UBC Reports | Vol. 48 | No. 2 | Jan.
Vietnam supplies one-of-a-kind experience for dental residents
Lessons learned go beyond dentistry, says alumnus
Whole families perched precariously on speeding mopeds is one of
the images that Ali Behmard associates with a recent three-week
residency rotation in Vietnam.
"The huge volume of people and the numbers of motorcycles made
a big impression as soon as I stepped off the plane," says Behmard,
a UBC dental school alumnus who is completing a one-year general
practice hospital residency.
The rotation at the Institute of Odontostomatology in Ho Chi Minh
City is the only such training experience among Canadian dental
Moped and motorcycle riders in the city of 6.5 million don't wear
helmets and Behmard reports that he saw about 24 dental traumas
daily, most related to motor vehicle accidents.
In addition, he assisted oral surgeons in Operation Smile -- a
one-week blitz of surgery on cleft lip and palates. Vietnam has
one of the highest incidence rates of the deformity in the world.
Behmard was able to assist in some of the more than 200 surgeries
completed by local surgeons and those from Europe and North America
who come to the country to help with the intensive program.
"In my entire undergraduate education, I only saw about three
of these cases," says Behmard. "The amount of dental, academic and
life experience I gained on this rotation was amazing."
He was impressed by patients' gratitude for the care they received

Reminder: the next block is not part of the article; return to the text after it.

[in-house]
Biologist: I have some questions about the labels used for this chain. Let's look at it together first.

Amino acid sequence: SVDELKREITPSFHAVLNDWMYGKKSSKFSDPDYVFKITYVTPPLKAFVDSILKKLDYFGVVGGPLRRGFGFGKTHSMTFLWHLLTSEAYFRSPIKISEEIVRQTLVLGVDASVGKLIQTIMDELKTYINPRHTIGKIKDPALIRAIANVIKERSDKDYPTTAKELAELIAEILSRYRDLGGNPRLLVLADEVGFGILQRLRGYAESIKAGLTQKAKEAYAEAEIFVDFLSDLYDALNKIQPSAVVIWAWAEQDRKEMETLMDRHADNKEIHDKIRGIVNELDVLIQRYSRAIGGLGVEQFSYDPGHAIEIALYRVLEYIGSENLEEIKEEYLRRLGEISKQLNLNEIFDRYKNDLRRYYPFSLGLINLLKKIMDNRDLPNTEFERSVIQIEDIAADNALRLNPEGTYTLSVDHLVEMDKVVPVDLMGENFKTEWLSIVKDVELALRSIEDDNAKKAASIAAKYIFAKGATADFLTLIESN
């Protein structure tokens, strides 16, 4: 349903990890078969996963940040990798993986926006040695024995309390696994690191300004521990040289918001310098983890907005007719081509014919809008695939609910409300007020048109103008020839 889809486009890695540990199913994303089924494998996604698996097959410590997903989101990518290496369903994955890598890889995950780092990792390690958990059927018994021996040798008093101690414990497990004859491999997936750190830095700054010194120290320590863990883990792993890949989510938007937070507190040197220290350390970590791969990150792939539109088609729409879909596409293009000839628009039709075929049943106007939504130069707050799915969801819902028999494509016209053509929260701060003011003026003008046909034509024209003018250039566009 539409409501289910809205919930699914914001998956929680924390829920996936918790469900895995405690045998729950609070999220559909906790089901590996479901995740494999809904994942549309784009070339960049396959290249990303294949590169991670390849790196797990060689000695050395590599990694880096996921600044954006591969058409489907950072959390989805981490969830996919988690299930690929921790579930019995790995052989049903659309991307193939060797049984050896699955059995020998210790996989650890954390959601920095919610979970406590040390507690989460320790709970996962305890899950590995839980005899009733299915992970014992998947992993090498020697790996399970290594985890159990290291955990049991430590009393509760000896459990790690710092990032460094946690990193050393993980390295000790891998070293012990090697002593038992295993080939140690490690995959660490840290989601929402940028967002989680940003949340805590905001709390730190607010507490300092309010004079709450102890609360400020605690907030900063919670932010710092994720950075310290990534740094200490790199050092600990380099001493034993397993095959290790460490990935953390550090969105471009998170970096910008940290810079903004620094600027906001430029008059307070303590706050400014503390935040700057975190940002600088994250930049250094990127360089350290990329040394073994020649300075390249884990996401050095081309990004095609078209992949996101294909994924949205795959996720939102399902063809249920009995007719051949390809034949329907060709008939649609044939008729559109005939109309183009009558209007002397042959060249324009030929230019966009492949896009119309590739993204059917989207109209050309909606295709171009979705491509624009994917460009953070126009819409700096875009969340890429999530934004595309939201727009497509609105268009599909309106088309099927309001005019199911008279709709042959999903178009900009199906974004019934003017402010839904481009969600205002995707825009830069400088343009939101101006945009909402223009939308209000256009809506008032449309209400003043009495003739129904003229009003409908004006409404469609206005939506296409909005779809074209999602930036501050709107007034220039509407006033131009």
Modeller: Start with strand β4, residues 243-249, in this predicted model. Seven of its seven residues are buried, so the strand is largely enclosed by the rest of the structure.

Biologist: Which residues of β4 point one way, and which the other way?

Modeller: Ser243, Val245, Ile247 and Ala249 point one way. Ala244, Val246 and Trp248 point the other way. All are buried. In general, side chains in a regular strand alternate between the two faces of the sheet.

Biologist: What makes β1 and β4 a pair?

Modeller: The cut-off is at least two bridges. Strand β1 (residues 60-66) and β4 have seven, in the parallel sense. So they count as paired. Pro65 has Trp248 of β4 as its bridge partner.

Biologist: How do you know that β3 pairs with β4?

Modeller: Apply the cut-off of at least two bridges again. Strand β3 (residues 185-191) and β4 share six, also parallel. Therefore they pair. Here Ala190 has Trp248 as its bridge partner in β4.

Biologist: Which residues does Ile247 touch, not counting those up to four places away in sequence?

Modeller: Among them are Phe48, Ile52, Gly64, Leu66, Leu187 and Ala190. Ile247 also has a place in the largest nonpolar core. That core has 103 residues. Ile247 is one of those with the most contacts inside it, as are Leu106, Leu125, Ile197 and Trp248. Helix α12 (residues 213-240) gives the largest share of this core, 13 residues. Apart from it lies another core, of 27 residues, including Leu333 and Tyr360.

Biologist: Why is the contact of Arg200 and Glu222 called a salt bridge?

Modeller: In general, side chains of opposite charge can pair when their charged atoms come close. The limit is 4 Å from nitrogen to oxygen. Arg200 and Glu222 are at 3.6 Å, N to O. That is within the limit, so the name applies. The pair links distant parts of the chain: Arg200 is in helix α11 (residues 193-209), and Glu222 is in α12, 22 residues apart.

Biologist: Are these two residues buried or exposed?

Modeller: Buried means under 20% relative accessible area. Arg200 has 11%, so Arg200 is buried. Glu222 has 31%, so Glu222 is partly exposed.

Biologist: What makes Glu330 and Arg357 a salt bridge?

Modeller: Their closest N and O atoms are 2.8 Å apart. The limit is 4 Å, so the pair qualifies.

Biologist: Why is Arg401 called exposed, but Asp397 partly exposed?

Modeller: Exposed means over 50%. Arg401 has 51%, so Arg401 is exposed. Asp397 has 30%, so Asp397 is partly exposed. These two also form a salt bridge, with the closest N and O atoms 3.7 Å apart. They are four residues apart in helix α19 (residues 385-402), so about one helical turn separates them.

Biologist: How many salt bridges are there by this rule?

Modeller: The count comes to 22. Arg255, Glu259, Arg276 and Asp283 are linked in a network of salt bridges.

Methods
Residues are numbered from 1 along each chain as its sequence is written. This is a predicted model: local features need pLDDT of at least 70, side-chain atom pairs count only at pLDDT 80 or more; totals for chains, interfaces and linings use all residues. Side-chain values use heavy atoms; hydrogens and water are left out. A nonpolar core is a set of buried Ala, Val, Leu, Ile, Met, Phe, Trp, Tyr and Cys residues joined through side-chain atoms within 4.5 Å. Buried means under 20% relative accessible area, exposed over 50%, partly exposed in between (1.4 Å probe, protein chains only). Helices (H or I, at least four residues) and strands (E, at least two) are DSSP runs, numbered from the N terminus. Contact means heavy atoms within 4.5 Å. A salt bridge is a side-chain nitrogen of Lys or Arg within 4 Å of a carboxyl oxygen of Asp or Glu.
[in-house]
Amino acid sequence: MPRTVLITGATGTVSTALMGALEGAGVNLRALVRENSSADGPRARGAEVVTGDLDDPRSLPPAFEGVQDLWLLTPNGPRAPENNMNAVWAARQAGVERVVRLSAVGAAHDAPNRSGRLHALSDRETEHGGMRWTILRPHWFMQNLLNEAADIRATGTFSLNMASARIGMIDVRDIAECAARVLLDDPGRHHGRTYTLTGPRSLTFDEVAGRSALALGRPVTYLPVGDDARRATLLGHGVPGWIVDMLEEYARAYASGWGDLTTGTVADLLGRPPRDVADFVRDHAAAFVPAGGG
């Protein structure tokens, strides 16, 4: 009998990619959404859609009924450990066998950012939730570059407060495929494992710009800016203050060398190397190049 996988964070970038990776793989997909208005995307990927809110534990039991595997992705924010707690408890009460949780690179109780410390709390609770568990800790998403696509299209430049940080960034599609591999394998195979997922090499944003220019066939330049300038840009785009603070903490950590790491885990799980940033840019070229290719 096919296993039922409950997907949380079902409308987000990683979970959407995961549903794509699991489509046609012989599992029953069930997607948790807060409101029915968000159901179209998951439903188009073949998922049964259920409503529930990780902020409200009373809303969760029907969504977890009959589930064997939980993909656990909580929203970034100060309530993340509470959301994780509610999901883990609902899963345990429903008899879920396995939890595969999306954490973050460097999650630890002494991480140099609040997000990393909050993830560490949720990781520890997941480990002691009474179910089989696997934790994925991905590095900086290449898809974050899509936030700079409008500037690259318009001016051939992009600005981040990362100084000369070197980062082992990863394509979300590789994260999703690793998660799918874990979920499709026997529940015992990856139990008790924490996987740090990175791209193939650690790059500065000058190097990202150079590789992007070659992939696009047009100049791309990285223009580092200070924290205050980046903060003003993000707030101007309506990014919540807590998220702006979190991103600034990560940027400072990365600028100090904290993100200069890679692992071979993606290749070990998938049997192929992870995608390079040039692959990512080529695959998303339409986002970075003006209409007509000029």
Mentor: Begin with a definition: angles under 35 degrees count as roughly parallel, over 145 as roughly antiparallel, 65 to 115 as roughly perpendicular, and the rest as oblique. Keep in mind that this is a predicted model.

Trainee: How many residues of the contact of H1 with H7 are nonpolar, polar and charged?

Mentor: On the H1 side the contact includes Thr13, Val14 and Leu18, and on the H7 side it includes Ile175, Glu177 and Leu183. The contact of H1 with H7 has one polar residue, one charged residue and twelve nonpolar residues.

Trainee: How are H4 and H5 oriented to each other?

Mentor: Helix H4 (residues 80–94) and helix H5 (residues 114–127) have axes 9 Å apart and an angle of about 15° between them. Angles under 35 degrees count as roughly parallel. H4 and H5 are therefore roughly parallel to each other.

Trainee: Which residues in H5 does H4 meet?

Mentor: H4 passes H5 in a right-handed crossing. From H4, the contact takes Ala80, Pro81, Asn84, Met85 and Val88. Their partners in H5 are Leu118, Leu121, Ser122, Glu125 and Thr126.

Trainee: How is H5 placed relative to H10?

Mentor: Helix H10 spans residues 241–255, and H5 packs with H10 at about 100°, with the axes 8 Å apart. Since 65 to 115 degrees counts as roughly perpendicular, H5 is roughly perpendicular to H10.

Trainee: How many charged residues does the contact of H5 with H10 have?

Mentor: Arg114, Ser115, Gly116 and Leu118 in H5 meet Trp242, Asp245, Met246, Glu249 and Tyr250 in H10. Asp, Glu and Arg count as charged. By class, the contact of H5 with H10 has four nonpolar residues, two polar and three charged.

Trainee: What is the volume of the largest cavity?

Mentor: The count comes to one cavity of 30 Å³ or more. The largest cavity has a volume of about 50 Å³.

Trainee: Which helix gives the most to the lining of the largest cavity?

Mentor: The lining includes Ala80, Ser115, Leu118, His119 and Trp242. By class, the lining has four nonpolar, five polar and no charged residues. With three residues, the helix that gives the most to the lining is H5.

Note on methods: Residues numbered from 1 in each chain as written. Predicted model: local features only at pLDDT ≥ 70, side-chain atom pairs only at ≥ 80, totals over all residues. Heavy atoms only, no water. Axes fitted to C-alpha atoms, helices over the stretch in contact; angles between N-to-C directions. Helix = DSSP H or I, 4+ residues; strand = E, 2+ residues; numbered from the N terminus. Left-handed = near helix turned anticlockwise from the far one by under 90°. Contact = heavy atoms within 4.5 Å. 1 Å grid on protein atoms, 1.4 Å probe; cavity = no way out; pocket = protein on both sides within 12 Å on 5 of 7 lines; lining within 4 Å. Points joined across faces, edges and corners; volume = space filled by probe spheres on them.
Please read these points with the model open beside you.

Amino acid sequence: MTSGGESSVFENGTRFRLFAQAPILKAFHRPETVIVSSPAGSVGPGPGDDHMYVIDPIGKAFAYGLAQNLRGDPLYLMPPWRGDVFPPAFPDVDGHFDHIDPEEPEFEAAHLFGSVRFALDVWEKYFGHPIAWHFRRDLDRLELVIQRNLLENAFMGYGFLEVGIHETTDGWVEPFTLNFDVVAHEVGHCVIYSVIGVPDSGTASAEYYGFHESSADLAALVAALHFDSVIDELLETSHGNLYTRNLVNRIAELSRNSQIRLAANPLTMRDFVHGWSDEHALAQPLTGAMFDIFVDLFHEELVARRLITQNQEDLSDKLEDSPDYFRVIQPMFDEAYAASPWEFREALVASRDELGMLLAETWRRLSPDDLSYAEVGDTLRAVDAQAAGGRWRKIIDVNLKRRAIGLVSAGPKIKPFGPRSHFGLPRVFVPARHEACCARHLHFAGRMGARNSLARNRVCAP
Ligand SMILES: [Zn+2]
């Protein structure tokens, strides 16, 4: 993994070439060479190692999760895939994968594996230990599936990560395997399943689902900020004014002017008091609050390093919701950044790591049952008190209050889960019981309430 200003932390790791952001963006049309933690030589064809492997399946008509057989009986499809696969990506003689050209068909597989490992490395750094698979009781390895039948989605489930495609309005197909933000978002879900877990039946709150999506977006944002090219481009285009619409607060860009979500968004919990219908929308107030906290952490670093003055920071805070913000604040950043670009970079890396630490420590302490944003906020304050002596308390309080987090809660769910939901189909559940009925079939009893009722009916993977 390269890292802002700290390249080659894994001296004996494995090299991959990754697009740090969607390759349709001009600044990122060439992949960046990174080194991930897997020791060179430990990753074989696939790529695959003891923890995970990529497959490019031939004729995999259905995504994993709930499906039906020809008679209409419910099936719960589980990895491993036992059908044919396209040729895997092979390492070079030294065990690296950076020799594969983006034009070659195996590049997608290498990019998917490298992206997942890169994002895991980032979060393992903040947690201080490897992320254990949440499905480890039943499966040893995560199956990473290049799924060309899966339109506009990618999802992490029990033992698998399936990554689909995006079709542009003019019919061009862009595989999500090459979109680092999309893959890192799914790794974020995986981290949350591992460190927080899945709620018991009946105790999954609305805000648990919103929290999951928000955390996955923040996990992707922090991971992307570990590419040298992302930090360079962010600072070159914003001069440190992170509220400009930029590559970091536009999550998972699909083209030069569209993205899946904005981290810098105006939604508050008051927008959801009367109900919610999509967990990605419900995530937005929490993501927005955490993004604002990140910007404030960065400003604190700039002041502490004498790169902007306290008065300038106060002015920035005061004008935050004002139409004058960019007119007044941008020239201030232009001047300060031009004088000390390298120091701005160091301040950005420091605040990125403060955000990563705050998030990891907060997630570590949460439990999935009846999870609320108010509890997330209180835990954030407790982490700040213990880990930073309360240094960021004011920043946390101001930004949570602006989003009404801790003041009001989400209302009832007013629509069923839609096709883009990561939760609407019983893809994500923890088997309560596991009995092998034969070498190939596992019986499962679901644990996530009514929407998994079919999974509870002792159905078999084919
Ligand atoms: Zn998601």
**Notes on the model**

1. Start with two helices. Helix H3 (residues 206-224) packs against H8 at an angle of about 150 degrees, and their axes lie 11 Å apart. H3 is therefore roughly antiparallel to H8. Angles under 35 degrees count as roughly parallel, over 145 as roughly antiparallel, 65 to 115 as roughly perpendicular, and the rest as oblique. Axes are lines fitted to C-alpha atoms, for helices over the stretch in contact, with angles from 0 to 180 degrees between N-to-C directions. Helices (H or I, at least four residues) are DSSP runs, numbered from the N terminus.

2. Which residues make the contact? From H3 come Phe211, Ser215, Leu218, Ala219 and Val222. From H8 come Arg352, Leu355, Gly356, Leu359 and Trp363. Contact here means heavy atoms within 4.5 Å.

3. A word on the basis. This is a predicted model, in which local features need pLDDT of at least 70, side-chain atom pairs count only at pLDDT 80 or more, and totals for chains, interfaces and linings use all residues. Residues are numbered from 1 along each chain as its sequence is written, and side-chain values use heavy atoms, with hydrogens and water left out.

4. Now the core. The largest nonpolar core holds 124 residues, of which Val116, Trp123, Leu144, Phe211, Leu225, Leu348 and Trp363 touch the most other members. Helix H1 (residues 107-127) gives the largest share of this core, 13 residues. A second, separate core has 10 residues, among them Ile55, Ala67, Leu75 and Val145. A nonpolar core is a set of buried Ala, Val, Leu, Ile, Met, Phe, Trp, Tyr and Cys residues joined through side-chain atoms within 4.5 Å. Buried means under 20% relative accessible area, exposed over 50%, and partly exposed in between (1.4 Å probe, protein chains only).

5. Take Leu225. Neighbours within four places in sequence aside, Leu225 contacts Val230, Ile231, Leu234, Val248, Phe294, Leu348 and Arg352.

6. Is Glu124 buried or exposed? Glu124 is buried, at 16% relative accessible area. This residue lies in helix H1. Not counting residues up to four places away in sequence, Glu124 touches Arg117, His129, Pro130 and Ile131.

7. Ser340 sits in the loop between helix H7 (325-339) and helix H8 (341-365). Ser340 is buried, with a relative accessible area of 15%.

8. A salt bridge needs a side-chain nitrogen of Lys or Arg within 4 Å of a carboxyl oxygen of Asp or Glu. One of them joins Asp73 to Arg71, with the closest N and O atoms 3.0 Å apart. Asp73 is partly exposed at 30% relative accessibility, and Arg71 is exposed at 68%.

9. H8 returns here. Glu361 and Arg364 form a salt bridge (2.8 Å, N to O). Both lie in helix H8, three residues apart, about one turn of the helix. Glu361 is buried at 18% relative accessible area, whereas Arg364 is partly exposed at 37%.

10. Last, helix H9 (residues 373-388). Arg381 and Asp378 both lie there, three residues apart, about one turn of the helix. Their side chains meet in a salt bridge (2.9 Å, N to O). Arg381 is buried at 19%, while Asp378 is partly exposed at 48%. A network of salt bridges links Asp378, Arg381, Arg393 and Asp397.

even though many of them were sleeping on the floor in hallways
because of bed shortages. Many families were unable to afford complete
surgical care, he says, and it was difficult to see patients, including
children, leaving hospital with reduced function and aesthetic losses.
"Everything I saw made me truly understand the value of health
care," he says. "It was wonderful to help where your help is really
needed." Behmard traveled to Vietnam with Chris Zed, Faculty of
Dentistry's assistant dean, Strategic and External Affairs, and
also postgraduate programs director.
"This is a huge learning experience for residents," says Zed.
"It builds their skills, broadens their scope and allows them to
offer service in a way that matches the area's needs."
North American hospitals cannot offer the same variety of experience
for trainees, he says, because there are many fully qualified staff
to handle surgeries. Also, residents on Third World rotations are
exposed to oral conditions not seen in North America because Third-World
dental care is limited and diseases progress further and with more
The rotation was enabled in part by the University of Ho Chi Minh
and by UBC Dentistry alumnus Andrew Tsang who works in Vietnam at
an international clinic.
Zed worked with him to establish the scope, goals and partners
of the new program which may expand to include resident lectures
given to staff at the city's cancer control agency.
Septodont, a Quebec-based anaesthetic manufacturer, sponsored
the 2001 residency rotation. This year's resident will travel to
Vietnam in November.